Count My Vote organizers delivered a letter to the lieutenant governor’s office signed by 15 past presidents of the Utah State Bar, vouching for the constitutionality of the group’s proposed election reform.
The letter and an accompanying 21-page legal memo state that the Count My Vote proposal of replacing the current caucus-and-convention system parties use to pick nominees with direct primaries is clearly constitutional and would address a “compelling” interest — increasing voter participation.
“We believe the initiative would not impose any burden … on party associational rights because parties would remain free to endorse favored candidates, select nominees without state input, and determine which voters participate in their primary elections,” the letter states.
Count My Vote organizers contend the current system — where delegates chosen at neighborhood caucuses often choose the nominees at the party convention — excludes those who can’t attend caucuses and drives down voter participation.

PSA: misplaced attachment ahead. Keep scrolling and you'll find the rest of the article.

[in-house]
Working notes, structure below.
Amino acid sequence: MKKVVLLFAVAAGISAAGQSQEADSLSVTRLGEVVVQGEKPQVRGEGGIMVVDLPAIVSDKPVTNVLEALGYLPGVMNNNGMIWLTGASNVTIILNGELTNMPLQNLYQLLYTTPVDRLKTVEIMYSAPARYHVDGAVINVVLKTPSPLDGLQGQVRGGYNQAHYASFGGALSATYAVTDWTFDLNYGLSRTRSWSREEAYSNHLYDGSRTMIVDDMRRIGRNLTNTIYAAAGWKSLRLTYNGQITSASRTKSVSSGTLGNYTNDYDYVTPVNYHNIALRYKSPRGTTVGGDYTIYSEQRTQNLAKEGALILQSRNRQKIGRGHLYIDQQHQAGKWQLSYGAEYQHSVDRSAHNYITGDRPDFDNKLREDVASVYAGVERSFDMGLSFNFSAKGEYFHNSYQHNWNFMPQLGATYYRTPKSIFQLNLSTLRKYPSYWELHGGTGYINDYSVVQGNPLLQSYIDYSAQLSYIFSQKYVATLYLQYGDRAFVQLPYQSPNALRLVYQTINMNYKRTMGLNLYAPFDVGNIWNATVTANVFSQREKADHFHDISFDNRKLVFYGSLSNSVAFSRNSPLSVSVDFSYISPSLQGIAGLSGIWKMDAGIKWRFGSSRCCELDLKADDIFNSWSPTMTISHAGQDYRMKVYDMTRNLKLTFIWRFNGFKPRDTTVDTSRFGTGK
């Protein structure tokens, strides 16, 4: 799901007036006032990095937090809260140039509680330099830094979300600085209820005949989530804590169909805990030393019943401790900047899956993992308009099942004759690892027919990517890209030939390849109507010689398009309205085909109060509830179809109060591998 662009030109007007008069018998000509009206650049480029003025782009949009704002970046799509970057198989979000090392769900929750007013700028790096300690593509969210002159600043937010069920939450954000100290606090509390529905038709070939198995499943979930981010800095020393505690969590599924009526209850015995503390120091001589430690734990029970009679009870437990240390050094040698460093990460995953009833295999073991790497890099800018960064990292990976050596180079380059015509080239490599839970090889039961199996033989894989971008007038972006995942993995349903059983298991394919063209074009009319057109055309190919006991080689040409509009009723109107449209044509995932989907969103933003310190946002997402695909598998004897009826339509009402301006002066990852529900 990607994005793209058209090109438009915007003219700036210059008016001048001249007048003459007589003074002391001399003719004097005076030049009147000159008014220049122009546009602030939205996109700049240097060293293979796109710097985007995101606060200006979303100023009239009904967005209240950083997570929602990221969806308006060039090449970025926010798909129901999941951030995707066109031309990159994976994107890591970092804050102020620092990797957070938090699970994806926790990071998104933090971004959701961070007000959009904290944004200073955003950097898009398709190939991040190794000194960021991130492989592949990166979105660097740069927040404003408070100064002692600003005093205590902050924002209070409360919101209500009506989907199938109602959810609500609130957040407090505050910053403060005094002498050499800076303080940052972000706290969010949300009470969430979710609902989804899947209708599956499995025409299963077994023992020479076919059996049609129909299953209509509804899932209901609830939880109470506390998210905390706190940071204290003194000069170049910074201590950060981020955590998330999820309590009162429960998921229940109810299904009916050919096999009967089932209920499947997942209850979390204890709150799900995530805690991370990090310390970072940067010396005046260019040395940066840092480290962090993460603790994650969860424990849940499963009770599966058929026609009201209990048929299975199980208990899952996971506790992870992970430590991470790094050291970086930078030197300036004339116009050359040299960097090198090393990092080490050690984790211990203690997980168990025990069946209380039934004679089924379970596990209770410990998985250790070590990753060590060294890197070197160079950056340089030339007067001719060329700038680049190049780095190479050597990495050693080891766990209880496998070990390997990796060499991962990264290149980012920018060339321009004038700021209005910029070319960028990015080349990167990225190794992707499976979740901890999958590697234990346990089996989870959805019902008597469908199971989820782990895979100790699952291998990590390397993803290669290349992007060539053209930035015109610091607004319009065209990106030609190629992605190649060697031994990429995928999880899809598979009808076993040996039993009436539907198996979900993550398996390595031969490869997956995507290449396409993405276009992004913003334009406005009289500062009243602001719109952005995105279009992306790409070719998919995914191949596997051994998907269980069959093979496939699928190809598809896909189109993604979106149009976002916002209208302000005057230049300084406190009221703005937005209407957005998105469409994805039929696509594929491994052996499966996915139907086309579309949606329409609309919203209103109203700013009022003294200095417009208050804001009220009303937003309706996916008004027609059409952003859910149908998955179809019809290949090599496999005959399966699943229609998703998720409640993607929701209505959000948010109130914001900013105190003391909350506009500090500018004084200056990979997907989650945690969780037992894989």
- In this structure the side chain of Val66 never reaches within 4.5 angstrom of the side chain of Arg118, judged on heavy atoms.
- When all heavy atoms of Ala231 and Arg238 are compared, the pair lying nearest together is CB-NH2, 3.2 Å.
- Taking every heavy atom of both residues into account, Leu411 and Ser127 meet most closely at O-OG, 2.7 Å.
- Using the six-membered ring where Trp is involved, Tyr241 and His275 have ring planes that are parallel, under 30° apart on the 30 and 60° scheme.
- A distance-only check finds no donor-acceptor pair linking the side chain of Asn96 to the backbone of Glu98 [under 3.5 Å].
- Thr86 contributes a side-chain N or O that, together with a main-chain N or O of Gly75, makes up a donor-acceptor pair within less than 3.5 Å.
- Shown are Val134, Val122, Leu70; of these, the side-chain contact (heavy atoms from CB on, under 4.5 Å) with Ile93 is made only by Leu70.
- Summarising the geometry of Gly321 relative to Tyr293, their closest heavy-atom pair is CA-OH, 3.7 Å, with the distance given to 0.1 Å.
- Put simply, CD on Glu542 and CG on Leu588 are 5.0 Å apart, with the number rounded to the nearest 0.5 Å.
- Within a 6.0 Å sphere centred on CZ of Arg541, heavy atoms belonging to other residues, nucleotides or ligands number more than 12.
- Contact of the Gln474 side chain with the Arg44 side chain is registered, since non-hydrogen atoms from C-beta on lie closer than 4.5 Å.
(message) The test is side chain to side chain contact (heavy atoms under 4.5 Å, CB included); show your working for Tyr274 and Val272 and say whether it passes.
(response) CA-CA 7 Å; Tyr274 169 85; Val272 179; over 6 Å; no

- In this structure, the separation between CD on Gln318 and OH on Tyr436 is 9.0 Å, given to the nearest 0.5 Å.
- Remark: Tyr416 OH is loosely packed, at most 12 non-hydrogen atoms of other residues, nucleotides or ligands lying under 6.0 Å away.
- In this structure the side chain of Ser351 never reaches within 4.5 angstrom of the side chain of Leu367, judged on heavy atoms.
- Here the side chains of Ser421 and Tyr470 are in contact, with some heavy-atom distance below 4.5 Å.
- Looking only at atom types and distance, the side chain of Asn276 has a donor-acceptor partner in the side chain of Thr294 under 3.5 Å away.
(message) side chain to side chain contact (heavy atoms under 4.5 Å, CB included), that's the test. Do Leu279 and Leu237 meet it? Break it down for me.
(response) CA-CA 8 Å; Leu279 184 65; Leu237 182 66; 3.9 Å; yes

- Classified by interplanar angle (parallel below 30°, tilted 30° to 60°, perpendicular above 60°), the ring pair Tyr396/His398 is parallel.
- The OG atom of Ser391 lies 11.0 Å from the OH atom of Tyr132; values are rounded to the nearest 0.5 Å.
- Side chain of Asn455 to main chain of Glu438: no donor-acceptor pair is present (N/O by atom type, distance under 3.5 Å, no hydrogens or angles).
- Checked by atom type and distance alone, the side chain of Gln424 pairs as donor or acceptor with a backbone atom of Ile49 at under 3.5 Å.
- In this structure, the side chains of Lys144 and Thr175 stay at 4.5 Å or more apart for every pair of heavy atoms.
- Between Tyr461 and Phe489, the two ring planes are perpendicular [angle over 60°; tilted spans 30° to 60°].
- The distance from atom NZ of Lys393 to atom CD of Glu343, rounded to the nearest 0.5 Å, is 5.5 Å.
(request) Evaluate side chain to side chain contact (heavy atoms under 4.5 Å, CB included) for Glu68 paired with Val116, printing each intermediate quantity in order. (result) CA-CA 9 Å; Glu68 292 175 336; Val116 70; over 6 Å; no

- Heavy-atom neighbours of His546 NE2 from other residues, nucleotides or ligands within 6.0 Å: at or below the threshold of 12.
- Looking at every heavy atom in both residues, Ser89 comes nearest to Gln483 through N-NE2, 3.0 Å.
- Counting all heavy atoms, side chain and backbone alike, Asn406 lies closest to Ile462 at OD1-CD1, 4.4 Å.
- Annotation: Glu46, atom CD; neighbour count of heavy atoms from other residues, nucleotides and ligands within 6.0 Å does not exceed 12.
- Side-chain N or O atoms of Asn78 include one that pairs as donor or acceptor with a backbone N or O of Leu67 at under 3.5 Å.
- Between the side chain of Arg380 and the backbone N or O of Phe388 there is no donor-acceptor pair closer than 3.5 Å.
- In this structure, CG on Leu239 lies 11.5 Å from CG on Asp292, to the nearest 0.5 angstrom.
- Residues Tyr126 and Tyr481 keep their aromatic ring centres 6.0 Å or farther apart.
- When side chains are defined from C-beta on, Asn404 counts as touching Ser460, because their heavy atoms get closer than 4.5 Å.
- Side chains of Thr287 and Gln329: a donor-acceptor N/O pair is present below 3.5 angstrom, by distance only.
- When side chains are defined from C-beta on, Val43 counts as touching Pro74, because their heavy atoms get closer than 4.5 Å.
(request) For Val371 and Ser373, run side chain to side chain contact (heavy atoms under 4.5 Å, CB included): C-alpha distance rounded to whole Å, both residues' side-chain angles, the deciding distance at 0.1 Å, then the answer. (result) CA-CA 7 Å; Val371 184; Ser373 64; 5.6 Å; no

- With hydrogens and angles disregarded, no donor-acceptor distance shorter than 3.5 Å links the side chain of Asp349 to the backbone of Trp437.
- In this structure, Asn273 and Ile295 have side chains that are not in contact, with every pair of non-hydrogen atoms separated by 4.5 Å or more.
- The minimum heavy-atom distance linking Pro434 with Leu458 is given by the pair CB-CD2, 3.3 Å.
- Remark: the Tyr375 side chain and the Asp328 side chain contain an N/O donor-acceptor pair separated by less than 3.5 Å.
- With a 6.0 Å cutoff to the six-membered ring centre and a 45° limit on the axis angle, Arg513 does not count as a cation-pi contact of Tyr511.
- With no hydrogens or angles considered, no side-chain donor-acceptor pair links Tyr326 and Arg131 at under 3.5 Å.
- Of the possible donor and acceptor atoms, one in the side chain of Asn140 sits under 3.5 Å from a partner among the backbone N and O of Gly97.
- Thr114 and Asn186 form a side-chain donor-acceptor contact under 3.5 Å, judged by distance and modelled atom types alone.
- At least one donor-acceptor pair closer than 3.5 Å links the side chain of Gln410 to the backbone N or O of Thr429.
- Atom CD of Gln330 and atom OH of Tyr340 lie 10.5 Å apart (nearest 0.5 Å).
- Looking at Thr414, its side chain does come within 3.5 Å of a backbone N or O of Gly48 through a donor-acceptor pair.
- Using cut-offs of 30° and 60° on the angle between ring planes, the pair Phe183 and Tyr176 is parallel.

Over the weekend, Utah Republican Chairman James Evans referenced a legal analysis done by the party’s attorney that noted the Count My Vote proposal could result in numerous candidates on a primary ballot and the nominee could receive a small percentage of the vote.
Parties would no longer have any control over who the nominee is, Evans said, and a Democrat could be chosen as the Republican nominee and vice versa.
In order for the Count My Vote initiative drive to go forward, the lieutenant governor’s office must declare that the proposal is not patently unconstitutional.
After that, organizers must hold a series of seven town hall meetings and collect 102,000 signatures, spread across 26 of the state’s 29 Senate districts in order to get the proposal on the 2014 ballot.